■ OTHER THAN the late Yonatan Netanyahu, the name most identified with the audacious Entebbe rescue mission of Israelis and non-Israeli Jews who had been passengers on a hijacked Air France plane is that of Sorin Hershko, who was the most seriously wounded soldier to survive what Israel’s ninth president, Shimon Peres, who was defense minister at the time, calls “one of the most calculated and important military missions in Israeli history,” which he is convinced “raised the prestige of the IDF throughout the world.”
Hershko, who had been member of the elite commando unit that carried out the operation, became a quadriplegic, but this did not prevent him from getting on with his life. A co-founder of LOTEM, which is dedicated to helping people with special needs, he is also the director of a private software company. Never one to feel sorry for himself, Hershko, who is distinguished more by his ever present beatific smile than by his wheelchair, has over the years been present at numerous events marking the Entebbe rescue anniversary, and it was only natural for him to be invited to the Peres Center for Peace in Jaffa this week for the 40th anniversary commemoration.
The children he had helped to rescue, who are now parents and grandparents themselves, told him that he will always be an inseparable part of their lives. Peres, in awarding him a special citation of appreciation for his bravery, could not help but kiss him.
■ ONLY THREE months after his previous visit to Israel, former New York City mayor Rudy Giuliani, who currently serves as chairman of cybersecurity at the eminent Greenberg Traurig law firm dealing in privacy and crisis management practice, was back to Israel visiting the firm’s Tel Aviv office.
While in Israel, he took the opportunity, as he had done during his previous visit, to put in a good word for presidential contender Donald Trump, and he also toured the new Leket food collection and redistribution plant, where Leket Israel founder and chairman Joseph Gitler, who is a former resident of the Big Apple, and Leket Israel CEO Gidi Kroch showed him around and discussed with him a recent Leket study on the quantity of food wasted in Israel and the benefits to the economy and society if unconsumed food is rescued and redistributed in low income communities.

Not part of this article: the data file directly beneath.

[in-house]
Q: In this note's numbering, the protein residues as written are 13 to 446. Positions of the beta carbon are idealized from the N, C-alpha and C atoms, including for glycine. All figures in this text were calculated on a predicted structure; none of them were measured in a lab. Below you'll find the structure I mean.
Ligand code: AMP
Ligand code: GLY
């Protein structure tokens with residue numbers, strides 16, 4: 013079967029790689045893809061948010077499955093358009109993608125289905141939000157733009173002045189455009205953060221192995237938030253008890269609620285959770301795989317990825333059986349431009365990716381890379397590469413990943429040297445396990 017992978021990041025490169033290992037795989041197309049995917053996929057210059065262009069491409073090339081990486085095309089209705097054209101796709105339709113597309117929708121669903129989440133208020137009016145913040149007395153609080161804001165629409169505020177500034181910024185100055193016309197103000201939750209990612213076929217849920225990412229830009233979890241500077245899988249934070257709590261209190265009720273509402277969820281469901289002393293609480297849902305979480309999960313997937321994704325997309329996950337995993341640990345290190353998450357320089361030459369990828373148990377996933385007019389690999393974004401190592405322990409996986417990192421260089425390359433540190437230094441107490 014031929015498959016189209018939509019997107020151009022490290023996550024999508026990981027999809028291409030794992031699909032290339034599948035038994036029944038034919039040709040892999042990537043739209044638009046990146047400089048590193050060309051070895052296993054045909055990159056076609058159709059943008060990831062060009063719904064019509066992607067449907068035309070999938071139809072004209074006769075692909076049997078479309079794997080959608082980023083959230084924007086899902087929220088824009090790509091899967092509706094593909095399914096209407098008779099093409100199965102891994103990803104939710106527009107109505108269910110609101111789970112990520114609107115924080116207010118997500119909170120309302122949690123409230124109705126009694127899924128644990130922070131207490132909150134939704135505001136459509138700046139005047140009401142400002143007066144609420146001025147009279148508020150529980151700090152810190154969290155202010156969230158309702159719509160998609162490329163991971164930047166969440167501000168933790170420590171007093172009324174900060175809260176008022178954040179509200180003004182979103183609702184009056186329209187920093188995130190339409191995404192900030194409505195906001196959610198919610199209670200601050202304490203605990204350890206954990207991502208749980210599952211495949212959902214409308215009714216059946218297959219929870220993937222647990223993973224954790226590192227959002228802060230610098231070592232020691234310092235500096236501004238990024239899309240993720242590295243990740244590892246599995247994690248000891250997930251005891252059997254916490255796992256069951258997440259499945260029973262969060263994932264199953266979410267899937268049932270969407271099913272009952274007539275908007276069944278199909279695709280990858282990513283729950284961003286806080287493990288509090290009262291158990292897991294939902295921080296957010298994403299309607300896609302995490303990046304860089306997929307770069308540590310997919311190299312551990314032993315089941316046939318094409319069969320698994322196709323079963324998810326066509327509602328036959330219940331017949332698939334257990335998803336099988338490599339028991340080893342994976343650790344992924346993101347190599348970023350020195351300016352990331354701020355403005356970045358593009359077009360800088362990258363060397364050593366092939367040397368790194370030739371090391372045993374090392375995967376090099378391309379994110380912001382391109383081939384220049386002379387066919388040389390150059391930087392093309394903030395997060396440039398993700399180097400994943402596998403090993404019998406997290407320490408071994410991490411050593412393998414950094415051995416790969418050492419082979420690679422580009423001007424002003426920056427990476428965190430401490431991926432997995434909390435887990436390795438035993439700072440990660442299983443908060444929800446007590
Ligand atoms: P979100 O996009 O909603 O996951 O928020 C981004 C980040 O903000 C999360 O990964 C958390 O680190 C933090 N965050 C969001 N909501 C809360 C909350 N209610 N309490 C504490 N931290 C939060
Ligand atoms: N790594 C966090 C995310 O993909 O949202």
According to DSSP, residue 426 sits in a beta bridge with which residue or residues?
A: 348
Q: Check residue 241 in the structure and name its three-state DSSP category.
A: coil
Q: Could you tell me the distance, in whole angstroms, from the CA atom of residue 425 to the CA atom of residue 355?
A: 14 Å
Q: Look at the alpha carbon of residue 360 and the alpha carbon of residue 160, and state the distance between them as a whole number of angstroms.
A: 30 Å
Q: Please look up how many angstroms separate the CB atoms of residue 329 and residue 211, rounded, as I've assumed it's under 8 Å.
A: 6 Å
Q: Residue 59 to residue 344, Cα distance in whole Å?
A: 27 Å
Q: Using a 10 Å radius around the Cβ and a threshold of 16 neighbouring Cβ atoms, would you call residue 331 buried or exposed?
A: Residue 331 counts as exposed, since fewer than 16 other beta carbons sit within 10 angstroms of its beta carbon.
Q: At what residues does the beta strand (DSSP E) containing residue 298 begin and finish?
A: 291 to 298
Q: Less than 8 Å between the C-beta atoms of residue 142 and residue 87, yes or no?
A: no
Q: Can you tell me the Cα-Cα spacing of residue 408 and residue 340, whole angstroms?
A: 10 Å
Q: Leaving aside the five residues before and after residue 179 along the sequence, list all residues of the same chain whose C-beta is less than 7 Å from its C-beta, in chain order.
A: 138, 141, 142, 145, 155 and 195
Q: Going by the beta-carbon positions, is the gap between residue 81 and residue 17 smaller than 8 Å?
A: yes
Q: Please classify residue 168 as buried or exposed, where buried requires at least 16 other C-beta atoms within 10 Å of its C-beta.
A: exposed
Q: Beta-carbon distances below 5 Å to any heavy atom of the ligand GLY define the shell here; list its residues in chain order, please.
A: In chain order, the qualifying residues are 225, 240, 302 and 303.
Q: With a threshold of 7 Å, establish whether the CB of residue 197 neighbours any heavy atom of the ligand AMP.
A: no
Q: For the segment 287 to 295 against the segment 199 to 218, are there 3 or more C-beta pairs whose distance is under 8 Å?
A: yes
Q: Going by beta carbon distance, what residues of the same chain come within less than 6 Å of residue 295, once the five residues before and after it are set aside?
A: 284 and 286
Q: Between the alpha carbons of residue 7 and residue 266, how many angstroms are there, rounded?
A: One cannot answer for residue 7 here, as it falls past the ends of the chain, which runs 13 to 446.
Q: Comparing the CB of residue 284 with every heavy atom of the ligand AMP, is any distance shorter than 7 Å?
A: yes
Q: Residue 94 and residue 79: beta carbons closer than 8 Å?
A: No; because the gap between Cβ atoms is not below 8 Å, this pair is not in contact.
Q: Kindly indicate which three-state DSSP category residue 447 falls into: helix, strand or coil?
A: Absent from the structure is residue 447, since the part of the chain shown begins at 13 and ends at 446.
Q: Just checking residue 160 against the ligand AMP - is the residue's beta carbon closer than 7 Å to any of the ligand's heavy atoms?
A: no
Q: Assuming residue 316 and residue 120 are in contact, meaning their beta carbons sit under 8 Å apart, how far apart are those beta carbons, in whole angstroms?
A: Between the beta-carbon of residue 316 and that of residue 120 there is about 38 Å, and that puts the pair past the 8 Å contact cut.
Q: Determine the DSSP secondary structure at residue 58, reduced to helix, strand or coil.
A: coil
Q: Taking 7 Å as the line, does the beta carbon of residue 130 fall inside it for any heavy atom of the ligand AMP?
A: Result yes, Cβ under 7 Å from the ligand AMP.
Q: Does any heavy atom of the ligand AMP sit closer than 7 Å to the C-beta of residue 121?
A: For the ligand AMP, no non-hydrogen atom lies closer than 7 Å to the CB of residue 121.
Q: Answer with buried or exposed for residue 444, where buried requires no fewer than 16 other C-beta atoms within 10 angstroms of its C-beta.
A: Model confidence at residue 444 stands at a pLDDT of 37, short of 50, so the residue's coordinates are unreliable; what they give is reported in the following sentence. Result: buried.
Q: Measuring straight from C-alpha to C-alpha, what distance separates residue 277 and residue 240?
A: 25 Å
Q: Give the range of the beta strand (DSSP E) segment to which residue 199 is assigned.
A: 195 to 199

The study indicated that every year, more than 2.5 million tons of edible food, worth around NIS 8 billion, is wasted in Israel.
The study was conducted with a view to demonstrating how Western governments can combat hunger and lack of nutrition.
■ AN AMERICA media scandal has been brewing around former high-ranking veteran diplomat Thomas Pickering, who was a leading lobbyist for the Iran deal and was frequently quoted in The New York Times and other US media. He was generally referred to as a former ambassador to the United Nations. What was omitted was the fact that he was also on the Boeing payroll and that Boeing had a keen interest in seeing the deal go through. Pickering was also a US ambassador to Israel from 1985 to 1988 and earlier in his career was ambassador to Jordan from 1974-1978. Other important postings included Russia and India.
■ ACTIONS SPEAK louder than words.
Although outgoing United Nations Secretary- General Ban Ki-moon has been given numerous compliments during his farewell visit to Israel toward the end of his 10-year term, Haim Shkedi, the general manager of the King David Hotel went a step further and a hosted a rooftop champagne and canapés cocktail party in Ban’s honor, with guests including the whole of the UN legation in Israel plus senior officers of the United Nations Truce Supervision Organization and Meron Reuben, the chief of protocol at the Foreign Ministry.
The rooftop venue offered a charming, night-time view of the lights of Jerusalem’s Old City, and guests lingered way beyond the intended time of departure. Ban was most appreciative of the gesture.
■ EVER SINCE he was a small boy, Netanel Klein, who lives in Singapore, was determined to celebrate his bar mitzva in Jerusalem, where his parents, Tammy, originally from Baltimore, and Yishai, originally from Melbourne, first met. Following their wedding 15 years ago, the Kleins moved to Singapore, where they quickly integrated into the Jewish community and are well known for their hospitality.
Their four children were born in Singapore but have traveled extensively throughout Asia with their parents as well as to the US to visit with their mother’s family and to Israel to visit with their father’s family.
Yishai Klein is a highly successful venture capitalist and investment consultant with clients throughout Asia, many of whom he has advised to invest in Israeli hi-tech companies. His brother Gideon, who is a hi-tech whiz, lives in the US with his family and works for Google, and their sister Nava is a financial management consultant who travels to different parts of the world to advise her clients.